Police to raise profile of speeders
Troopers to release names and speeds for all offenders caught exceeding 90 mph.
By John Hilton, Sentinel Reporter, March 2, 2007
State Police Sgt. Gib Morrissey remembers running radar on Route 581 when a man roared by doing at least 90 miles an hour.
By the time Morrissey got his cruiser in motion and crested a West Shore hill, the man was already pulled over and waiting.
“If you’re going that excessive, it’s obvious we’re coming after you,” Morrissey says.
Starting this week, drivers racing through the Troop H coverage area at speeds topping 90 mph will not only earn a ticket — costing at least $166.50 — but some free publicity as well.
Troop H — which includes the Carlisle, Newport, Chambersburg, York, Gettysburg, Lykens and Harrisburg barracks — plans to release to the media the names of all drivers caught traveling in excess of 90 mph. The idea originated about three years ago with Troop J in Lancaster.
“It’s an effort to reduce the number of people out there who are traveling at a high rate of speed and to reduce the number of crashes we’re seeing,” Morrissey says.
Offenders hit 108 mph
The first Troop H report includes 16 drivers caught at speeds up to 108 mph during February. None was from Cumberland County. The highest speeders were nabbed by Newport troopers — who cited Tara Moyer, 18, of Snydertown, traveling 106 mph and a 17-year-old juvenile from Kennett Square traveling 108 mph.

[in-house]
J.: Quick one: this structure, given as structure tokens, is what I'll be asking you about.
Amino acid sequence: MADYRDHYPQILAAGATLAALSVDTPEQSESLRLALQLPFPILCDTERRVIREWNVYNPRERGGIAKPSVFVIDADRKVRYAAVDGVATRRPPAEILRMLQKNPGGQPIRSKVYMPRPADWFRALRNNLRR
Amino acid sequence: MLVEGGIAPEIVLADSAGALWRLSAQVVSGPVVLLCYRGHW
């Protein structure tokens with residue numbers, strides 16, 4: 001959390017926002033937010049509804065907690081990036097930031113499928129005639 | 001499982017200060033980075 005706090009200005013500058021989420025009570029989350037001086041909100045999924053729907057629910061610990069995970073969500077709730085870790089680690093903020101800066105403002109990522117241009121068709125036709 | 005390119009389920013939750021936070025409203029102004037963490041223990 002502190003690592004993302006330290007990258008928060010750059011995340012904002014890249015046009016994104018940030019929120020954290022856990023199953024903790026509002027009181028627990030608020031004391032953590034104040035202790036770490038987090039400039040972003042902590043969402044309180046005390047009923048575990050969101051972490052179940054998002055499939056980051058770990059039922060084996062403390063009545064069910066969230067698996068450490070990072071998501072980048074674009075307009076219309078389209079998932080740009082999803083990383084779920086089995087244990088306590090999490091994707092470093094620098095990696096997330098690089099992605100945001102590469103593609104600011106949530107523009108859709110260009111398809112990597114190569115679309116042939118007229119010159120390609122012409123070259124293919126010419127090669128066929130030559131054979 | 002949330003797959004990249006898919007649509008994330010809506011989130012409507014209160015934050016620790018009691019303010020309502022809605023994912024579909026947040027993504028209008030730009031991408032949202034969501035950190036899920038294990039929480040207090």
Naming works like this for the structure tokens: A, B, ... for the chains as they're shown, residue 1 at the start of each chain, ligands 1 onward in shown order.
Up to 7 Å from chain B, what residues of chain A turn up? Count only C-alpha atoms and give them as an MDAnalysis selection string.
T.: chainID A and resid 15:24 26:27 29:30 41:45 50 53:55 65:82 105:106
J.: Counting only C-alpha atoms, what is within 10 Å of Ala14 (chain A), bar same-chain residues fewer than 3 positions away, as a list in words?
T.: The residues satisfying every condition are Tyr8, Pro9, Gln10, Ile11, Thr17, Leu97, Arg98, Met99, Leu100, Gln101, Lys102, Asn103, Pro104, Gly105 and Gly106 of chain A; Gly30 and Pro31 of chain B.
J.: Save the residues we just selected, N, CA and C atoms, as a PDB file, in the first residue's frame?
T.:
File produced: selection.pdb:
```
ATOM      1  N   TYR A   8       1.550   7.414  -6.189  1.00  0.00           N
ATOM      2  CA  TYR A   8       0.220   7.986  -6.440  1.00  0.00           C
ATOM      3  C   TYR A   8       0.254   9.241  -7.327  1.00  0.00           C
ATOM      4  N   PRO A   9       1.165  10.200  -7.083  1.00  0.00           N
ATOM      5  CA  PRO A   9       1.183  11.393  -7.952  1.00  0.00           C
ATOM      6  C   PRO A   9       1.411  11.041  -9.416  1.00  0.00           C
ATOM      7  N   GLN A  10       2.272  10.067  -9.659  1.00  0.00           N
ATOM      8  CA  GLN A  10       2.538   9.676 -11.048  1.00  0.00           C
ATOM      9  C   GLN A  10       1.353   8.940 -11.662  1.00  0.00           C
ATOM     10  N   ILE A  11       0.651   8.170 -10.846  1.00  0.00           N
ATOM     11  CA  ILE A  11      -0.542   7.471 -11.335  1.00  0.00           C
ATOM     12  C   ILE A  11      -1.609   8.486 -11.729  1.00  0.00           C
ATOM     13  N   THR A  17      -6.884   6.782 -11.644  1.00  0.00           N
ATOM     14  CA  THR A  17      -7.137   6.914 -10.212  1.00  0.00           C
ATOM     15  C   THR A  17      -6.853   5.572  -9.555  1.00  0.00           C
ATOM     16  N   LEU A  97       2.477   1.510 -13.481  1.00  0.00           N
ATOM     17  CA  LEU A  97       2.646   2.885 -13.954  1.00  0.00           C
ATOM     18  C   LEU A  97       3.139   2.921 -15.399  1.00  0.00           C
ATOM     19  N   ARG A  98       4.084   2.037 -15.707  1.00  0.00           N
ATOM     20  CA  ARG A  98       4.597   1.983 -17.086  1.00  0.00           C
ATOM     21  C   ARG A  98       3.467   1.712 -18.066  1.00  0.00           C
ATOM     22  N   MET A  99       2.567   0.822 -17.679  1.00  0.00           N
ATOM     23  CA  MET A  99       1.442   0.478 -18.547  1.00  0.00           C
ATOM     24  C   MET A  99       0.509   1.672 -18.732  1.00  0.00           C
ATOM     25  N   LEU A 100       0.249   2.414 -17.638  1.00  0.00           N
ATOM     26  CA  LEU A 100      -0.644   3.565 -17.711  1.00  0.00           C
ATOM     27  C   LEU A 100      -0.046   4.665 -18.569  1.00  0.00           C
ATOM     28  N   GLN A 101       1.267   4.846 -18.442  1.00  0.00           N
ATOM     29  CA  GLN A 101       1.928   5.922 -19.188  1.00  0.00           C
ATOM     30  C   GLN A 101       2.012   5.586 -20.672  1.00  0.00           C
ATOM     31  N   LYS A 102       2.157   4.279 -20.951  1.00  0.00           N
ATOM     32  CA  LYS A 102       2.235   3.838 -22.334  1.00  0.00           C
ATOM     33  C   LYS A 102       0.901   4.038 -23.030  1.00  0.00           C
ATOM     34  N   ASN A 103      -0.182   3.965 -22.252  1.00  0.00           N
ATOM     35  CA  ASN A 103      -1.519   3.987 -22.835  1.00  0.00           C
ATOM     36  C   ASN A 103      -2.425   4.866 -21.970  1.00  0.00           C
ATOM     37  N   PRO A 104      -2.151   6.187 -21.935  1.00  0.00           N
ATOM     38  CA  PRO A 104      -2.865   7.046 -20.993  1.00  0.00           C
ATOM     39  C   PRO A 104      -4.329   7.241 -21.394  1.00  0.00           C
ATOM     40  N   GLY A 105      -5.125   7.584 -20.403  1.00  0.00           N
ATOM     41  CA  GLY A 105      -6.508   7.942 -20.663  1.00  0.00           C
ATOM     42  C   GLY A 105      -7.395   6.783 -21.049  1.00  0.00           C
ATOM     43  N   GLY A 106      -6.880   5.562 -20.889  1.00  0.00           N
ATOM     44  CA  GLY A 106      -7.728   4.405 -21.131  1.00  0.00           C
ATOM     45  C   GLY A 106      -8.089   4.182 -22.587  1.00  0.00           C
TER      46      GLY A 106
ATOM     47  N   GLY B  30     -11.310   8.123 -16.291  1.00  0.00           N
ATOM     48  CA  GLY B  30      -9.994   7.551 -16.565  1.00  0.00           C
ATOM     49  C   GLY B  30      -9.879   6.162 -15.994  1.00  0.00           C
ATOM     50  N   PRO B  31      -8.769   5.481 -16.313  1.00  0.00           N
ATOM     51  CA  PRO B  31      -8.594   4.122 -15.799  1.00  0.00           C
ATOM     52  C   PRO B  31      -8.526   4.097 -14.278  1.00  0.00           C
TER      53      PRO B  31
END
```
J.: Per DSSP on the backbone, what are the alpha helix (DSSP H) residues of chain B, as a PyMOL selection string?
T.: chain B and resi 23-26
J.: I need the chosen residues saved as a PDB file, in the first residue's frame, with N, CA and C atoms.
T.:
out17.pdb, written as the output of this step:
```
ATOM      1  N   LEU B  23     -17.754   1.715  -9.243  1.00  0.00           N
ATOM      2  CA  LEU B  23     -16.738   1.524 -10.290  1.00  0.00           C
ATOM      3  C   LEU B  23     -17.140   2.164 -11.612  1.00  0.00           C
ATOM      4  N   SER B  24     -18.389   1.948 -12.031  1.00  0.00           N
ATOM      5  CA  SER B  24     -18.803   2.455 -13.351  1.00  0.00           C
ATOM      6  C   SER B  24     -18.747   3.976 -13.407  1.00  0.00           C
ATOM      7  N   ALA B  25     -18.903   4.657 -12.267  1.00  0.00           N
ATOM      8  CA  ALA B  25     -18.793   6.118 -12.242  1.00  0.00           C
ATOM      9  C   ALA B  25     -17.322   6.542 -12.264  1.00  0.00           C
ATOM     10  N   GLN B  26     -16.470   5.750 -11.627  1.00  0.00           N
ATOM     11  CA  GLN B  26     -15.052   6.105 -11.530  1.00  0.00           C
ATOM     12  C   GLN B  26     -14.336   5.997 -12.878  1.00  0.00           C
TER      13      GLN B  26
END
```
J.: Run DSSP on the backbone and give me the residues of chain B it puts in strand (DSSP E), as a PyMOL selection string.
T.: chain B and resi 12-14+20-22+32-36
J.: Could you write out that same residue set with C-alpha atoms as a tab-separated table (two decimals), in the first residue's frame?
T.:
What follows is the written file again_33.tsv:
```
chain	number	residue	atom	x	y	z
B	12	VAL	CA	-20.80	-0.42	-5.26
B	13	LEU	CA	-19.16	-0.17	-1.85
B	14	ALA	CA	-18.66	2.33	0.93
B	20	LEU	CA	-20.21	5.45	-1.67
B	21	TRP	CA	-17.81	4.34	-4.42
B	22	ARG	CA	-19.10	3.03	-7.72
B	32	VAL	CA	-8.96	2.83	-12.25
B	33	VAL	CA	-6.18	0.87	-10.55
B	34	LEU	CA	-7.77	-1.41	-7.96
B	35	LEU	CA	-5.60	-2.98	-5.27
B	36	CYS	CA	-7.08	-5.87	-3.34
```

“We had a lot of really bad weather (in February), so I was surprised there were that many,” Morrissey says. “There’s really no reason they should be traveling at that rate of speed.”
Lt. David Presto, in charge of the program for Troop J, calls it a success, even as he doubts crashes have decreased.
“We’ve gotten a lot of comments, both from the people we cite as well as the citizens,” he says. “If their name’s in the paper, we don’t get them again for driving 90 miles an hour.”
Most of the offenders on the first Troop H report are under 30 years old — which is consistent with Troop J arrest reports.
“The scary thing is you have very inexperienced drivers driving at a high rate of speed,” Presto says. “It’s very dangerous for the other motorists.”
Morrissey estimates that only 5 to 10 percent of speeding tickets are given to drivers traveling over 90 mph. He reminds drivers that troopers will continue to go after all speeders who exceed the posted speed limit by at least 6 mph.
It’s those super-speeders who can expect to see their names in the newspaper for the foreseeable future.
“What we’re trying to do... is get as much (media) coverage as possible to tell people that safety is the most important priority,” Morrissey says.
List of speeders
Troop H barracks report the following speeding incidents:
Chambersburg: Tyler Houser, 19, of Chambersburg, 91 mph; Prasanna Talvar, 28, West Chester, 101 mph; Charles Mack, 30, York, 93 mph.
Carlisle: Thomas J. Liott Jr., 29, Highspire, 96 mph; Daniel D. Herre, 19, Harrisburg, 94 mph; Cindy May Stickler, 38, Chambersburg, 95 mph.
Gettysburg: David Vega, 30, Orrtanna, 90 mph; Jeffery Snoddy, 51, Bristow, Va., 96 mph; Ryan Dillon, 18, Gettysburg, 103 mph; Christine Baugher, 35, Thurmont, Md., 95 mph; Lorin Miller, 25, Gettysburg, 90 mph; Jessica Hurda, 19, Bendersville, 90.3 mph.
Newport: Michael West, 21, State College, 96 mph; Tara Moyer, 18, Snydertown, 106 mph; juvenile female, 17, Kennett Square, 108 mph; Gregory Mazzara, 18, State College, 91 mph.